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|Title:||Expertise effects in memory recall: A reply to Vicente and Wang|
|Authors:||Simon, HA;Gobet, F|
|subject:||Expertise;Chess;Chunking;Random;Vicente;Wang;Skill;Memory recall;Constraint attunement hypothesis;Ecological psychology;Performance;Process;Theory development;Computer modelling;Truly random;CAH;CHNK;CHREST;Chunking theory;Template theory;Goal|
|Publisher:||American Psychological Association|
|Description:||This article may not exactly replicate the final version published in the APA journal. It is not the copy of record.|
In the January 1998 Psychological Review, Vicente and Wang propose a "constraint attunement hypothesis" to explain the large effects of domain expertise upon memory recall observed in a number of task domains. They claim to find serious defects in alternative explanations of these effects which their theory overcomes. Re-examination of the evidence shows that their theory is not novel, but has been anticipated by those they criticize, and that other current published theories of the phenomena do not have the defects Vicente and Wang attribute to them. Vicente and Wang's views reflect underlying differences (a) about emphasis upon performance versus process in psychology, and (b) about how theories and empirical knowledge interact and progress with the development of a science.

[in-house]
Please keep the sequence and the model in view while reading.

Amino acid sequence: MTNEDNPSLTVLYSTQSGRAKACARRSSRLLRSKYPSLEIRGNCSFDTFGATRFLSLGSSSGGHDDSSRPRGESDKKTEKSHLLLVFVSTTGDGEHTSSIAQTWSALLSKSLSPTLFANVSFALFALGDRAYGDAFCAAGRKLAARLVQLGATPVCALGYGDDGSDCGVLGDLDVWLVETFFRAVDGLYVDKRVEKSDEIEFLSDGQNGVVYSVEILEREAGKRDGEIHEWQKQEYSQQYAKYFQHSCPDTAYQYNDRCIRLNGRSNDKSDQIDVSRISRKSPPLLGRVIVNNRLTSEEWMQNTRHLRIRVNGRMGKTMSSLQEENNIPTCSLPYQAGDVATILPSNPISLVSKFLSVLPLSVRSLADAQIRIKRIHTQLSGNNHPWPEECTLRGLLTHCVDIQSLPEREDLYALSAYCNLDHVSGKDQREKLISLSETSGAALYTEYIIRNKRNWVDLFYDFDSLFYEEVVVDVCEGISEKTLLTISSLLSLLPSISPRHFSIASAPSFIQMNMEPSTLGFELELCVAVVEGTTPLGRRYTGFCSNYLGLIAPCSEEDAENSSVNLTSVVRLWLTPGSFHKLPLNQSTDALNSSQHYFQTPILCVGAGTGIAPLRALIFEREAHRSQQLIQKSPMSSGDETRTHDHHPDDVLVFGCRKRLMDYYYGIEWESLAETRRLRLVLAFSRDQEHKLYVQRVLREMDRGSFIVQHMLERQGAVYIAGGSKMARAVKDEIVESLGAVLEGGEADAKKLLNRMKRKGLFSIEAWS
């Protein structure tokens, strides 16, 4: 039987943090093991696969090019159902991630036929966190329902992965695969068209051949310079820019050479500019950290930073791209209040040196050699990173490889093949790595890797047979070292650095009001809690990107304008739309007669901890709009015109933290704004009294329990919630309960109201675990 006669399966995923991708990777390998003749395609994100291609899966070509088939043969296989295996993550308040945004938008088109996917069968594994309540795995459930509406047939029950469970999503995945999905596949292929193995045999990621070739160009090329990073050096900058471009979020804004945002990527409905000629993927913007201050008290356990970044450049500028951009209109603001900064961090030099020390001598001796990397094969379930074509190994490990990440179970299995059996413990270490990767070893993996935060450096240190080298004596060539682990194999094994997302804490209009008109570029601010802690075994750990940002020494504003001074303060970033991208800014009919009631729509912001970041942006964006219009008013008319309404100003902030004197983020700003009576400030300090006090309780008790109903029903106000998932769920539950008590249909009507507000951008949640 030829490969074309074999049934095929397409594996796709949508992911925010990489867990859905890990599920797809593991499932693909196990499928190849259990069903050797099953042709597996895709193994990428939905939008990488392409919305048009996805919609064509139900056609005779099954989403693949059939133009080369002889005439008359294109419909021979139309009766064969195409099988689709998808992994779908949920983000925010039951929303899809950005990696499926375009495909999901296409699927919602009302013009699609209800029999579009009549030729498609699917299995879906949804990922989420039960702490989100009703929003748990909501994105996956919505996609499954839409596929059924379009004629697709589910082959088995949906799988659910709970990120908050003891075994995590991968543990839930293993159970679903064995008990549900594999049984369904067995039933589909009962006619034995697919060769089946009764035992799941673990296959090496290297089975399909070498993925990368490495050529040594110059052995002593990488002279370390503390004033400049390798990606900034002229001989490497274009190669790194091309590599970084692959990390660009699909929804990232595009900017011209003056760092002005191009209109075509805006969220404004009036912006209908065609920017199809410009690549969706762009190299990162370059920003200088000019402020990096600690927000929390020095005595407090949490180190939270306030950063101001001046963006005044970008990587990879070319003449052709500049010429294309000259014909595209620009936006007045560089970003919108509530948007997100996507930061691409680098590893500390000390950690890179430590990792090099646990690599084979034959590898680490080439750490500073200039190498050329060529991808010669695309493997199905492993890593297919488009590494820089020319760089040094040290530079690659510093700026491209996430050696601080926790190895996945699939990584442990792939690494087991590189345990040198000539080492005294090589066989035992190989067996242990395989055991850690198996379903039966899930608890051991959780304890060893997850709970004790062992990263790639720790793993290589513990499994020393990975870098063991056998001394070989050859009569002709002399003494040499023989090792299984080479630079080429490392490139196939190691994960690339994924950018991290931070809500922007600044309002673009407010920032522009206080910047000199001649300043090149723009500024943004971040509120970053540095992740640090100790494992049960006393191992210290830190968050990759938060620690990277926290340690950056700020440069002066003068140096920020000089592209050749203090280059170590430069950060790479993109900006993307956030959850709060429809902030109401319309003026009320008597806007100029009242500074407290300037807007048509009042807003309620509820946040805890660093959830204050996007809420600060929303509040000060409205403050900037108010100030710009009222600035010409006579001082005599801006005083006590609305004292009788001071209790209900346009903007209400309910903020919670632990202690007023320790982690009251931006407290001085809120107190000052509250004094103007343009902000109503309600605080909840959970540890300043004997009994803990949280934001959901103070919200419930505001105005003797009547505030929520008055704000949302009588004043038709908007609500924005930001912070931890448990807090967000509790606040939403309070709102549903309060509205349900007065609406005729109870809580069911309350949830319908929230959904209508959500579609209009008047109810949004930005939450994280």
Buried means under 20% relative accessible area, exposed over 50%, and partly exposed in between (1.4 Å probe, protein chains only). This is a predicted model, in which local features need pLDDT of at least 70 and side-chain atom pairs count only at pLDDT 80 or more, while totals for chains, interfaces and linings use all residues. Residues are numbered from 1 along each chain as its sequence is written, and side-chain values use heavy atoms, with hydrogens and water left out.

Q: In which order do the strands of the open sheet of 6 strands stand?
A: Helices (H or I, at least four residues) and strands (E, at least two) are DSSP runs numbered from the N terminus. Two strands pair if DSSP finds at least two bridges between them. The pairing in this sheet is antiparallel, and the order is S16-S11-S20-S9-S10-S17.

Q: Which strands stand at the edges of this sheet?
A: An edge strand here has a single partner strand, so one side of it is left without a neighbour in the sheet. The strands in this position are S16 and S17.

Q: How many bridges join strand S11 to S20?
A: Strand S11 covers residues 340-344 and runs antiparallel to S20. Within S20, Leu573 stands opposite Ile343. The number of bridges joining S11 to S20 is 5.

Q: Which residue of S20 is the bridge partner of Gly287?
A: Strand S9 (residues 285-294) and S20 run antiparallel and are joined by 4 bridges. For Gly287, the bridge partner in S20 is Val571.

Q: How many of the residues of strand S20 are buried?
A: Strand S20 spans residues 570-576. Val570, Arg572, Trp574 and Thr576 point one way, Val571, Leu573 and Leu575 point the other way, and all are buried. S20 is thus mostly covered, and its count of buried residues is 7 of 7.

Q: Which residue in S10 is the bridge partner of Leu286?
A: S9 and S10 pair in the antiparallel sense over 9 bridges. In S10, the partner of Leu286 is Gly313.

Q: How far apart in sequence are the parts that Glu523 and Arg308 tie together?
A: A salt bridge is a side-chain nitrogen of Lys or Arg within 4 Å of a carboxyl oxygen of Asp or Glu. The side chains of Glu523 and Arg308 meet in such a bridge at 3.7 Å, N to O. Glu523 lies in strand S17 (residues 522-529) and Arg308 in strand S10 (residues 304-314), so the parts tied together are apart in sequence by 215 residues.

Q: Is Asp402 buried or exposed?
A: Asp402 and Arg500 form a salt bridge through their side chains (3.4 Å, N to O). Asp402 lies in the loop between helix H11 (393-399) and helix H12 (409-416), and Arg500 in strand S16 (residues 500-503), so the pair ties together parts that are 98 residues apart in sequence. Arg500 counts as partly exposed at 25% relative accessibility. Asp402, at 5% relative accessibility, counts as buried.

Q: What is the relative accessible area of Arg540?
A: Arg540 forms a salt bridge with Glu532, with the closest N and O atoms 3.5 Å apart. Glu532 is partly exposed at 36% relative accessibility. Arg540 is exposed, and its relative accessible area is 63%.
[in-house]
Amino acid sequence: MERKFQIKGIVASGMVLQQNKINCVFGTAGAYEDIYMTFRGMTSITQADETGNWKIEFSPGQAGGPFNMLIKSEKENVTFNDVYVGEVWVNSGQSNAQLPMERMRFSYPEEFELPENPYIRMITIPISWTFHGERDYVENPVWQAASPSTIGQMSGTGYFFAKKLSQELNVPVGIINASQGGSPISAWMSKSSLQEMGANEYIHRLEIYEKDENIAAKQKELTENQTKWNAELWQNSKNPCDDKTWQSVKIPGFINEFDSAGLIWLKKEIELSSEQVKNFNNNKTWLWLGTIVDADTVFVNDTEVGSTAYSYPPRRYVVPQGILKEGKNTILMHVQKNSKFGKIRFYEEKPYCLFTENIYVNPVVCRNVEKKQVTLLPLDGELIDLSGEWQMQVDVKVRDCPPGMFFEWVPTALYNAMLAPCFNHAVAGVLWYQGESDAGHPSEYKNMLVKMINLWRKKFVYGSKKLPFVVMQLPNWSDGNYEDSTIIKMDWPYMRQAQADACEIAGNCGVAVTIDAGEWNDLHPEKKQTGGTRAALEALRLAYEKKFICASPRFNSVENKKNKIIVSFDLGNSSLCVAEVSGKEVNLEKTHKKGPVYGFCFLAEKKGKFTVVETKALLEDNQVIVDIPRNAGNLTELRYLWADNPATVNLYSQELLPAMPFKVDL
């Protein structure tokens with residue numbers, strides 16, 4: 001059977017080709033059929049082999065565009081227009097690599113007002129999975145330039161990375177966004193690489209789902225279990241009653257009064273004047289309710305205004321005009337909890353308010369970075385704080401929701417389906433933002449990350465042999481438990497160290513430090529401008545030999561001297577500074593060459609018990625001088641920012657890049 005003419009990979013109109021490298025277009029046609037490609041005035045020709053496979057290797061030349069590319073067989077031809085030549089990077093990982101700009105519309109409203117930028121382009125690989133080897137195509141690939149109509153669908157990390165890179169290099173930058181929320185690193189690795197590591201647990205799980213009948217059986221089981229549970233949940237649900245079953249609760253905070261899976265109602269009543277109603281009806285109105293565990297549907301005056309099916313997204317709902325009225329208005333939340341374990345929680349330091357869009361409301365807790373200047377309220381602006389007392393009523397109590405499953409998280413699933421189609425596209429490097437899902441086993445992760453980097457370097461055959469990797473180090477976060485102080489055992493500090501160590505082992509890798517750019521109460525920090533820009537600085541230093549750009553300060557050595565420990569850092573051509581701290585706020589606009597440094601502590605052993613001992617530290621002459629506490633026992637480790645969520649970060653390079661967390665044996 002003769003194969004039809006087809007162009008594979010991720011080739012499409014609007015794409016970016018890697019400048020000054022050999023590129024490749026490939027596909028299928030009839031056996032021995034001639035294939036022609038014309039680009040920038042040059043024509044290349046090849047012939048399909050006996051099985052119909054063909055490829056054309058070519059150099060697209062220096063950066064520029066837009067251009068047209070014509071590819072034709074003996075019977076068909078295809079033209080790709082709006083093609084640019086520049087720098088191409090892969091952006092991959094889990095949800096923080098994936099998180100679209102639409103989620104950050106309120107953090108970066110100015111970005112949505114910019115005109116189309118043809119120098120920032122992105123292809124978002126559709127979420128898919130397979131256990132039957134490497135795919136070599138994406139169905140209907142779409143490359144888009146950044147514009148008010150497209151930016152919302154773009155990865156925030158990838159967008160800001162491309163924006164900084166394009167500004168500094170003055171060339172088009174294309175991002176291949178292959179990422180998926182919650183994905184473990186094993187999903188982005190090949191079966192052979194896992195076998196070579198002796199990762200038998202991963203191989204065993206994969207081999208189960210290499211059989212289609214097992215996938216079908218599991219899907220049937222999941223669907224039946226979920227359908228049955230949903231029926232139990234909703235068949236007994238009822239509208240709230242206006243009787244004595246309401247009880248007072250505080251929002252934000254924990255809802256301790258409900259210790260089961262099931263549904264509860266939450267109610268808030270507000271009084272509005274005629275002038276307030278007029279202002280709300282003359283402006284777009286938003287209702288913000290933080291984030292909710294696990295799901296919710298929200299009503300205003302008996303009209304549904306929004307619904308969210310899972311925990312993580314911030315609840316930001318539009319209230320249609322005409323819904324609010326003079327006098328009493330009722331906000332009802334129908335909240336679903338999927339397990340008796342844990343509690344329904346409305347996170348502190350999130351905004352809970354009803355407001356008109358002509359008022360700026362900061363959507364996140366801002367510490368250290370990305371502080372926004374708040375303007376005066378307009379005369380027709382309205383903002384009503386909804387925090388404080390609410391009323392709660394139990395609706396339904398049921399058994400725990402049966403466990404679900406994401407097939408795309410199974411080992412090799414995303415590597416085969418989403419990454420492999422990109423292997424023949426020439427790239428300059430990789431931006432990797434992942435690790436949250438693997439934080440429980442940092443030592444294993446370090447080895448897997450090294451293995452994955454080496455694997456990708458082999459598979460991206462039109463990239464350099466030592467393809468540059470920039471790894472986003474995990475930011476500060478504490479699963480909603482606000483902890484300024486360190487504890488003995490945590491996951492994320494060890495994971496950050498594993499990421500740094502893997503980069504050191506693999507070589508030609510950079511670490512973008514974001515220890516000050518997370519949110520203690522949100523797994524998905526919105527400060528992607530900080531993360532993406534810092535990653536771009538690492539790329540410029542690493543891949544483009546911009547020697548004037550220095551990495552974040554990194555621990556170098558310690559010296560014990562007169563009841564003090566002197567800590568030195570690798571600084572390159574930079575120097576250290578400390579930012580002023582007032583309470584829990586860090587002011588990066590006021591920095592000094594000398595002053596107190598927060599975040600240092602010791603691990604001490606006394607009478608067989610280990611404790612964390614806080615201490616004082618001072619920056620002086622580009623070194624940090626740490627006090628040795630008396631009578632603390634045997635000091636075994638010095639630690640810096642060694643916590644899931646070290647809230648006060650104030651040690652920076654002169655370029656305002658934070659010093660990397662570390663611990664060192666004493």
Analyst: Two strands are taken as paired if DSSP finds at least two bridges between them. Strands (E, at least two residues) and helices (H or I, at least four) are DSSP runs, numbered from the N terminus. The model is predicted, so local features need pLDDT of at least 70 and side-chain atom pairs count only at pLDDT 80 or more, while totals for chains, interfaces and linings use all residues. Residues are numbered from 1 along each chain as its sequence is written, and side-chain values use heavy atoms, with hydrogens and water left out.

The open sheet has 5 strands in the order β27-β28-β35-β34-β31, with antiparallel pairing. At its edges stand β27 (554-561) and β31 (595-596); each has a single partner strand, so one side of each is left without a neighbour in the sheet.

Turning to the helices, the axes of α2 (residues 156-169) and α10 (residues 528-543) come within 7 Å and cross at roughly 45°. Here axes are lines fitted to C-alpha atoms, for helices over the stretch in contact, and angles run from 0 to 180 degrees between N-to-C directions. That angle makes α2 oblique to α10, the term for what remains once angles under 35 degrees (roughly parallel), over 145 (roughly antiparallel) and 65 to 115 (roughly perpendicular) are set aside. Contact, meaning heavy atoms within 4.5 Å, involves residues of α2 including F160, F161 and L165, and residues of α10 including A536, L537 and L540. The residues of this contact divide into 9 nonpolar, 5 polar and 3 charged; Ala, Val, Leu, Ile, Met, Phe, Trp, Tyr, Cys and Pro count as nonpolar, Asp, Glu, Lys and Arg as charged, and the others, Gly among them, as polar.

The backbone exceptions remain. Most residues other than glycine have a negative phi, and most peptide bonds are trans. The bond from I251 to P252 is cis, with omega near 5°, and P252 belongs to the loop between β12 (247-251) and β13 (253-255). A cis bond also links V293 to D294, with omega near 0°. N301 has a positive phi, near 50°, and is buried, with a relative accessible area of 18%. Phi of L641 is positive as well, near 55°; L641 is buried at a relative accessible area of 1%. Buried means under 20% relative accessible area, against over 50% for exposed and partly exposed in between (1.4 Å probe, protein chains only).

|Standard no:||Psychological Review, 107: 593-600|
|Appears in Collections:||Dept of Life Sciences Research Papers|
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